I wrote this on October 17th for a CommonStock post and totally spaced putting it up on the website! So here it is one week late, my apologies!
Bank of America $BAC released their Q3 earnings report pre-market this morning, October 17th. The report surprised (in more ways than one) and sent the stock up 5.62% at the most in pre-market and closed 7.07% after-hours this evening.
I read the earnings transcript and reviewed the earnings presentation and can tell you that a key set of highlights shows that there is great operating performance behind this move higher and hint to a couple tailwinds that make the bank and the economy look good despite looming inflation and recession concerns. Read the transcript and presentation for yourself here, all of the presented information comes from that.
Those key items include:
- Net Interest Income & Improved Outlook
- Excess of Leverage and LTAC Ratios
- Strong Consumer Spending & Growing Deposits
Net Interest Income
Net interest income (the primary measure for how profitable a bank is) increased $2.7 billion or 24% year-over-year. This is driven primarily by benefits from higher interest rates and loan growth. NII is up $1.3 billion over the last quarter. Thanks to rapid rate hikes by the Fed, short-term interest rates have risen over 200 basis points in the last year. This drives up the interest that $BAC earns on their assets with adjusting rates, when that is coupled with disciplined deposit pricing this drove nearly $1 billion in NII growth this quarter.
$BAC provided forward guidance on their NII as they did last quarter. Previously, investors were told to expect consecutive NII increases of $1 billion in both Q3 and Q4. Q3 just put up $1.3 billion. With this outperformance and the expectation that rates will continue to increase, loan volume will keep growing, and deposit prices are baked in, $BAC updated their Q4 expectation to $1.25 billion. That would put Q3 and Q4 total NII to $2.55 billion compared to the prior $2 billion.
Excess of Leverage and LTAC Ratios
Regulatory capital can sometimes be a negative throttle on the growth of banks and is something I like to keep an eye. I’d like to highlight $BAC’s supplemental leverage ratio (SLR). Introduced in 2010 as part of the Basel III requirements, a SLR applies to banks with $250 billion or more in total consolidated assets. It requires that they hold a minimum ratio of 3%. Enhanced supplementary leverage ratios apply larger and more systemic financial institutions and require a larger ratio. This ratio calculates how much capital a bank must hold relative to their total leverage exposure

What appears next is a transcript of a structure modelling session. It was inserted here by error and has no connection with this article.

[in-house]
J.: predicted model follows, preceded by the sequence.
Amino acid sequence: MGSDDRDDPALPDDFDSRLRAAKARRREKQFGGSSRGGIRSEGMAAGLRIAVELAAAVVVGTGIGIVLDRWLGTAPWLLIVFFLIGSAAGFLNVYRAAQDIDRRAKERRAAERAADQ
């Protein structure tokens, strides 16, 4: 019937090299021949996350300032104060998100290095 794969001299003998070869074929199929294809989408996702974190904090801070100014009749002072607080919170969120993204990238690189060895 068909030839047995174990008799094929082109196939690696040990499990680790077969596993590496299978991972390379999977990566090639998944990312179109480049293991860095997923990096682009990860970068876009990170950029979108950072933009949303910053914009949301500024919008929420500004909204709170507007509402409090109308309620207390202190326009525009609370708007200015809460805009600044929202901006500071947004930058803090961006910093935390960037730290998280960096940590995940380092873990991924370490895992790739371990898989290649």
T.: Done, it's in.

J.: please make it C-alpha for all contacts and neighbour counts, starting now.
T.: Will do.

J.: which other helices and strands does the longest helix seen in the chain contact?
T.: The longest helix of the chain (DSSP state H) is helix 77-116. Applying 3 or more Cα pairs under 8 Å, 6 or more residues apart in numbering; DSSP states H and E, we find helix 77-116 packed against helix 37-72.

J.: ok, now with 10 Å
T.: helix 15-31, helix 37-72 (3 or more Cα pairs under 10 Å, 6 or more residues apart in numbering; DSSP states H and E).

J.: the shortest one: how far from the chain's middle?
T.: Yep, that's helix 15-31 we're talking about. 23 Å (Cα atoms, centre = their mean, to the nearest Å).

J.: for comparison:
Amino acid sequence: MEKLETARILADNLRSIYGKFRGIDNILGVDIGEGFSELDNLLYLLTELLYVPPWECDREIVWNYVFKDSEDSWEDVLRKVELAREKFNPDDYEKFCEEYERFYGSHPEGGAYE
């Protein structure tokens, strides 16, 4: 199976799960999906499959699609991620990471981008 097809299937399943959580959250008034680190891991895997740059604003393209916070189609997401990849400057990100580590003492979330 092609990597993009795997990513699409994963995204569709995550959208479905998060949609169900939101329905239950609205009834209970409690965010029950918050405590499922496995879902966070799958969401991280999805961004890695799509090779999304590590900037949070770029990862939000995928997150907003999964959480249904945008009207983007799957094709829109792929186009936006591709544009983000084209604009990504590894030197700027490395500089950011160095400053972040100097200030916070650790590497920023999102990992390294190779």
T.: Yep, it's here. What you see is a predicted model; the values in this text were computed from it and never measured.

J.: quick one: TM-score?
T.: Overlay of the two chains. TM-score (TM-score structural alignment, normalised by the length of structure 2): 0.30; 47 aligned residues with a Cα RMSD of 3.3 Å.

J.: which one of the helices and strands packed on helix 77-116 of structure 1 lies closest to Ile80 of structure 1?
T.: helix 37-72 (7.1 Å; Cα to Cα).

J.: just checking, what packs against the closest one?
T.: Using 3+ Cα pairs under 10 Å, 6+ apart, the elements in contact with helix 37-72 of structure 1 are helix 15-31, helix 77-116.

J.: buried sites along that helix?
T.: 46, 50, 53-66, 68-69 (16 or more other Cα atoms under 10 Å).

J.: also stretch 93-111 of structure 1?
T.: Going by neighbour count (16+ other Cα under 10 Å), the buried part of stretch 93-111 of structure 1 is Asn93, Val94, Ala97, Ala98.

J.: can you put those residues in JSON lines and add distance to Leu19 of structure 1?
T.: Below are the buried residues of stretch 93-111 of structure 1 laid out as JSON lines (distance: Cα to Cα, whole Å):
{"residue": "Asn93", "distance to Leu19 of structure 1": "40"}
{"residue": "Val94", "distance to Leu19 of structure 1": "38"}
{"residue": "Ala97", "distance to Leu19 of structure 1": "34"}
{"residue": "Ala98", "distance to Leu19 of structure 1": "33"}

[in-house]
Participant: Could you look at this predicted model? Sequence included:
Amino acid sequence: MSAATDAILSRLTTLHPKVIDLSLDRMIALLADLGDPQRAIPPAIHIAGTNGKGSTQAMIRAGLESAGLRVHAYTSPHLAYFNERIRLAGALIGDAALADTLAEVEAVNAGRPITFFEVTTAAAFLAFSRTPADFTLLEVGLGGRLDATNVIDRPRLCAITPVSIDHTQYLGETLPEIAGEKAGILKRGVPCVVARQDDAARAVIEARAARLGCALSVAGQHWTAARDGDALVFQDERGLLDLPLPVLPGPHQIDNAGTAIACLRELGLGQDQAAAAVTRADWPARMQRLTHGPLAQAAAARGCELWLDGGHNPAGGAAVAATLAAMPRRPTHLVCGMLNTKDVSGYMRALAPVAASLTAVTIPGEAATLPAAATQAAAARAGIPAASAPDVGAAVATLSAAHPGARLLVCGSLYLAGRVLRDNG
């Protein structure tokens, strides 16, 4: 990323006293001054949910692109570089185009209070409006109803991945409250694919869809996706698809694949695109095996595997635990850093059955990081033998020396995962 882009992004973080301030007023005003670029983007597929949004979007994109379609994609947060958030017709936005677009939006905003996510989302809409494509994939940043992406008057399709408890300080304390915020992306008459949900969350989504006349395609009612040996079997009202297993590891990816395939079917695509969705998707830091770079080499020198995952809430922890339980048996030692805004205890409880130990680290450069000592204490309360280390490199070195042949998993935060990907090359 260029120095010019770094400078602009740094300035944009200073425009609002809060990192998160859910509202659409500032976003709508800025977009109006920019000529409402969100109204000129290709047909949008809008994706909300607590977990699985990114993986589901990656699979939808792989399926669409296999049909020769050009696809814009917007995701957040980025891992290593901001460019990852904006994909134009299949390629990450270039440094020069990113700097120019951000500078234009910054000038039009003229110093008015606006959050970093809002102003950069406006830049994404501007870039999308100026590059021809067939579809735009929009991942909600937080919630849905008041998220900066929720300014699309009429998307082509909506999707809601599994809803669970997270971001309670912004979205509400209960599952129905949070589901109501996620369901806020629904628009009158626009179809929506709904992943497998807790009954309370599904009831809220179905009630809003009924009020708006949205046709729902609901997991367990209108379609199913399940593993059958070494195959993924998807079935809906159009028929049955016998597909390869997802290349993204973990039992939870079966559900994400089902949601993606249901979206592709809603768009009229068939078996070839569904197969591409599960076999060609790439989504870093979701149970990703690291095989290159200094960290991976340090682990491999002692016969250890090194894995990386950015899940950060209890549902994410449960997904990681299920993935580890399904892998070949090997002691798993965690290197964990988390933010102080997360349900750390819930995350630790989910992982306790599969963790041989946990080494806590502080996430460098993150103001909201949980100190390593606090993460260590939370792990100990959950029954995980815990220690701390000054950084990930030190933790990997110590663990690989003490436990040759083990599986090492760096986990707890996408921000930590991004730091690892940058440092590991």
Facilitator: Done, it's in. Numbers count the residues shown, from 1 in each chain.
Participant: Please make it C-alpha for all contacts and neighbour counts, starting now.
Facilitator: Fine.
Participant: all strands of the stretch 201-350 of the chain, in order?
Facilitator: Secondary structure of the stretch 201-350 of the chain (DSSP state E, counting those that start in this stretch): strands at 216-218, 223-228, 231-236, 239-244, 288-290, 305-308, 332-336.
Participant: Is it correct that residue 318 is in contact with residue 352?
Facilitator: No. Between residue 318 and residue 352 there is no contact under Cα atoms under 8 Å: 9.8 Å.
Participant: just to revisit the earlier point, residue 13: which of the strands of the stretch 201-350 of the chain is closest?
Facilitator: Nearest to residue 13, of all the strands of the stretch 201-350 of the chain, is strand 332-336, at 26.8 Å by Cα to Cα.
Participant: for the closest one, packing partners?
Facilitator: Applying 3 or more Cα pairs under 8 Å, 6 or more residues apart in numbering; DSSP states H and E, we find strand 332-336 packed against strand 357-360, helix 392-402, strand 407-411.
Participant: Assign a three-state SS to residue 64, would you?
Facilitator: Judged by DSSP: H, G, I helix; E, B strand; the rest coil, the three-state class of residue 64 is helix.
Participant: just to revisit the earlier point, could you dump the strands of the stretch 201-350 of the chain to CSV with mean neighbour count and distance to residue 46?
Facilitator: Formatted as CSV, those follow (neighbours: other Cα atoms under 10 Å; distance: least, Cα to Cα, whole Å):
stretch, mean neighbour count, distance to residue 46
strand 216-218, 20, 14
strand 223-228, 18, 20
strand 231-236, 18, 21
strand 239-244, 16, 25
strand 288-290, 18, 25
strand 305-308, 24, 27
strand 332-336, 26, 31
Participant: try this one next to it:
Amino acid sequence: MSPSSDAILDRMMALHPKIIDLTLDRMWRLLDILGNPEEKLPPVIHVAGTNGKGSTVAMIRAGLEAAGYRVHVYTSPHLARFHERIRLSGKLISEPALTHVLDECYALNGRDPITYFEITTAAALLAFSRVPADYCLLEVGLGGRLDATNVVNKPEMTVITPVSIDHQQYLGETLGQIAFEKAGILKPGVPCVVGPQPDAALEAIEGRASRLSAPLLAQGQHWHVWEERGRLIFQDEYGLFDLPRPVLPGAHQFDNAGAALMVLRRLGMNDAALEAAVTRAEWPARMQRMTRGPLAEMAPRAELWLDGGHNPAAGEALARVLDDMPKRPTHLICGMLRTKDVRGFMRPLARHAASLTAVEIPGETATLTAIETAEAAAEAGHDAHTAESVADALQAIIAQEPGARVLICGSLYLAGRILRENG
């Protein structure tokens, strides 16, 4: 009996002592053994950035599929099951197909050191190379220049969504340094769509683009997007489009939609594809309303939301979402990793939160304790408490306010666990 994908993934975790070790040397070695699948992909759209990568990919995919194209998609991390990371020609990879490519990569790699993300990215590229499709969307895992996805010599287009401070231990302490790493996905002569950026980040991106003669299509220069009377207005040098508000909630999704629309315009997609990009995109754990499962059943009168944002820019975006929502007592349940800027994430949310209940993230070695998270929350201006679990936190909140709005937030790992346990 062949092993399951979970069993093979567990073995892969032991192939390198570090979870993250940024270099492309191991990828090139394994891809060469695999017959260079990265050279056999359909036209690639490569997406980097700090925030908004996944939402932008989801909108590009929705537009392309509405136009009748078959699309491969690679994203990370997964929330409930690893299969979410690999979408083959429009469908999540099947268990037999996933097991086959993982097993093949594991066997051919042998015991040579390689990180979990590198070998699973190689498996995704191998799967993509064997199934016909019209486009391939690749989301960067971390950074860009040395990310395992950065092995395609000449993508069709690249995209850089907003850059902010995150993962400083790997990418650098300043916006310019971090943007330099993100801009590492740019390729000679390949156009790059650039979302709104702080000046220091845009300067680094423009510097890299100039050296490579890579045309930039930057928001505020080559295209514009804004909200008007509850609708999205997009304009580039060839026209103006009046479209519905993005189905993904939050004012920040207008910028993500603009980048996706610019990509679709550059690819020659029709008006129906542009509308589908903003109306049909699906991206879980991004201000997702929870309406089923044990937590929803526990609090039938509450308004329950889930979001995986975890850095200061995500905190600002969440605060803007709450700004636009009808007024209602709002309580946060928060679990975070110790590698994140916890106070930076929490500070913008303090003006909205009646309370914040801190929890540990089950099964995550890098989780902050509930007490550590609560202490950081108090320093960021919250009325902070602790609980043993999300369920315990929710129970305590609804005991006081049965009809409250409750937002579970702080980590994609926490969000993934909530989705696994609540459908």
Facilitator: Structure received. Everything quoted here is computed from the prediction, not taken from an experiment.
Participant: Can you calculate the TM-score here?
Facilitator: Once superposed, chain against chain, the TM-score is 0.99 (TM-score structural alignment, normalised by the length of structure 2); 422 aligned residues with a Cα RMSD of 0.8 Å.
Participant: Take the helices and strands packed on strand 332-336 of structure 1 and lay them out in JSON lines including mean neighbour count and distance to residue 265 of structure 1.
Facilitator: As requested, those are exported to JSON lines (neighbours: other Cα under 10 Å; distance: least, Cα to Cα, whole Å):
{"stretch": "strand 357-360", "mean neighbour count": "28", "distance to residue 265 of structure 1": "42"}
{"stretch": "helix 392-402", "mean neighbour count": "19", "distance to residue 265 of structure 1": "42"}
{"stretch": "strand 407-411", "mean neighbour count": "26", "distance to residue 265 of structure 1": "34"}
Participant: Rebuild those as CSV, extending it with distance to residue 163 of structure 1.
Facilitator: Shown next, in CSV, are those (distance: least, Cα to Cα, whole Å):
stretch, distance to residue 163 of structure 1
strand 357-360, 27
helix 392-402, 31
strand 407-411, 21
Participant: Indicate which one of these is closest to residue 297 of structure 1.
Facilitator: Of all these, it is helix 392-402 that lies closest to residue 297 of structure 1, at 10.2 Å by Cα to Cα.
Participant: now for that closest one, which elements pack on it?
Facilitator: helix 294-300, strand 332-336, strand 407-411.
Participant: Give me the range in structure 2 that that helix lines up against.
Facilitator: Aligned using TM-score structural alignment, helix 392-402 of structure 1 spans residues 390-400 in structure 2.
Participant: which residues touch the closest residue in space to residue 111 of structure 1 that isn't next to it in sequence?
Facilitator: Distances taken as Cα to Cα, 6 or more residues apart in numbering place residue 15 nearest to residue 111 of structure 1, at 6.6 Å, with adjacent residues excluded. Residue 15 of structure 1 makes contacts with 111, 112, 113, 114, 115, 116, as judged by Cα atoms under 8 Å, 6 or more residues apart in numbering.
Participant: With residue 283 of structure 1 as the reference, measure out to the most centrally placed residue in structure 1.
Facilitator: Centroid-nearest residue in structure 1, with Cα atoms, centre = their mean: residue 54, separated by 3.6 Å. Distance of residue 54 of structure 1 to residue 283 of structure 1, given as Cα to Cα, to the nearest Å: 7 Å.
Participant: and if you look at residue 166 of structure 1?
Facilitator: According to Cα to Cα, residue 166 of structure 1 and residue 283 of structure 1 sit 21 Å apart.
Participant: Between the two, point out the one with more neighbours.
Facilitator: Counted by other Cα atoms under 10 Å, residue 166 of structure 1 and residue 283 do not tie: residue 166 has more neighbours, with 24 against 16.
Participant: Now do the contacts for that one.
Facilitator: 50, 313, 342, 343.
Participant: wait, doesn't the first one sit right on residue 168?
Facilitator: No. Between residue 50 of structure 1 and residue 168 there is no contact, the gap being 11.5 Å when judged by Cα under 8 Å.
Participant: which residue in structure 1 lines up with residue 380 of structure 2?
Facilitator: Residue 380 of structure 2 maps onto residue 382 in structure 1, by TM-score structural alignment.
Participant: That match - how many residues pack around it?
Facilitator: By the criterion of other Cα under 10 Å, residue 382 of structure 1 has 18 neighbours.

In regard to $BAC’s regulatory capital, their supplemental leverage ratio increased to 5.8% versus the minimum requirement of 5%. This leaves some very positive room for balance sheet growth. The bank’s TLAC ratio (total loss absorbing capacity a standard to minimize the risk of a bailout) is well above the requirement which can support balance sheet growth as well.
Strong Consumer Spending & Growing Deposits
This last section is the most important! $BAC’s earnings show some great stats about the overall health of their consumer base.
First, consumer spending is strongly up 12% year-to-date. One could say this is on account of inflation. To counter, I would direct your attention to the top right graph below, not only is payment dollars up 10%, but the number of transactions is up 6% as well. That increase in sales volume is a positive sign that inflation is not slowing purchasing.
Second, consumer deposit levels (bottom right graph) are multiples above pre-pandemic levels. These levels are higher compared to a year ago as well. These deposit levels suggest continued spending capacity, even with inflation. $BAC opened 400,000 new consumer checking accounts for the 15th consecutive quarter of growth which is helping push deposit levels consistently higher.
Third, total credit and debit and usage are 12% above pre-pandemic levels. The payments on those credit cards are 1,000 basis points higher than pre-pandemic. More purchasing activity in a higher rate environment is the perfect position for a bank to be in. Add to that the fact that credit days past dues are significantly trending downward and we get a picture of a very strong consumer at the moment.
In sum, consumer activity is stellar. I didn’t review the wealth and investment leg of the bank in this post, but those branches showed great activity as well. NII has improved quickly and appears to be able to continue that trend. The average consumer is healthy and strong. $BAC’s balance sheet has room for growth and responsible income statement management looks to show that margins will continue to grow as well.
In addition to all of that, $BAC increased their dividend last month by 4.8%. They also bought back $450 million in share repurchases that covered employee issuances so as to not dilute.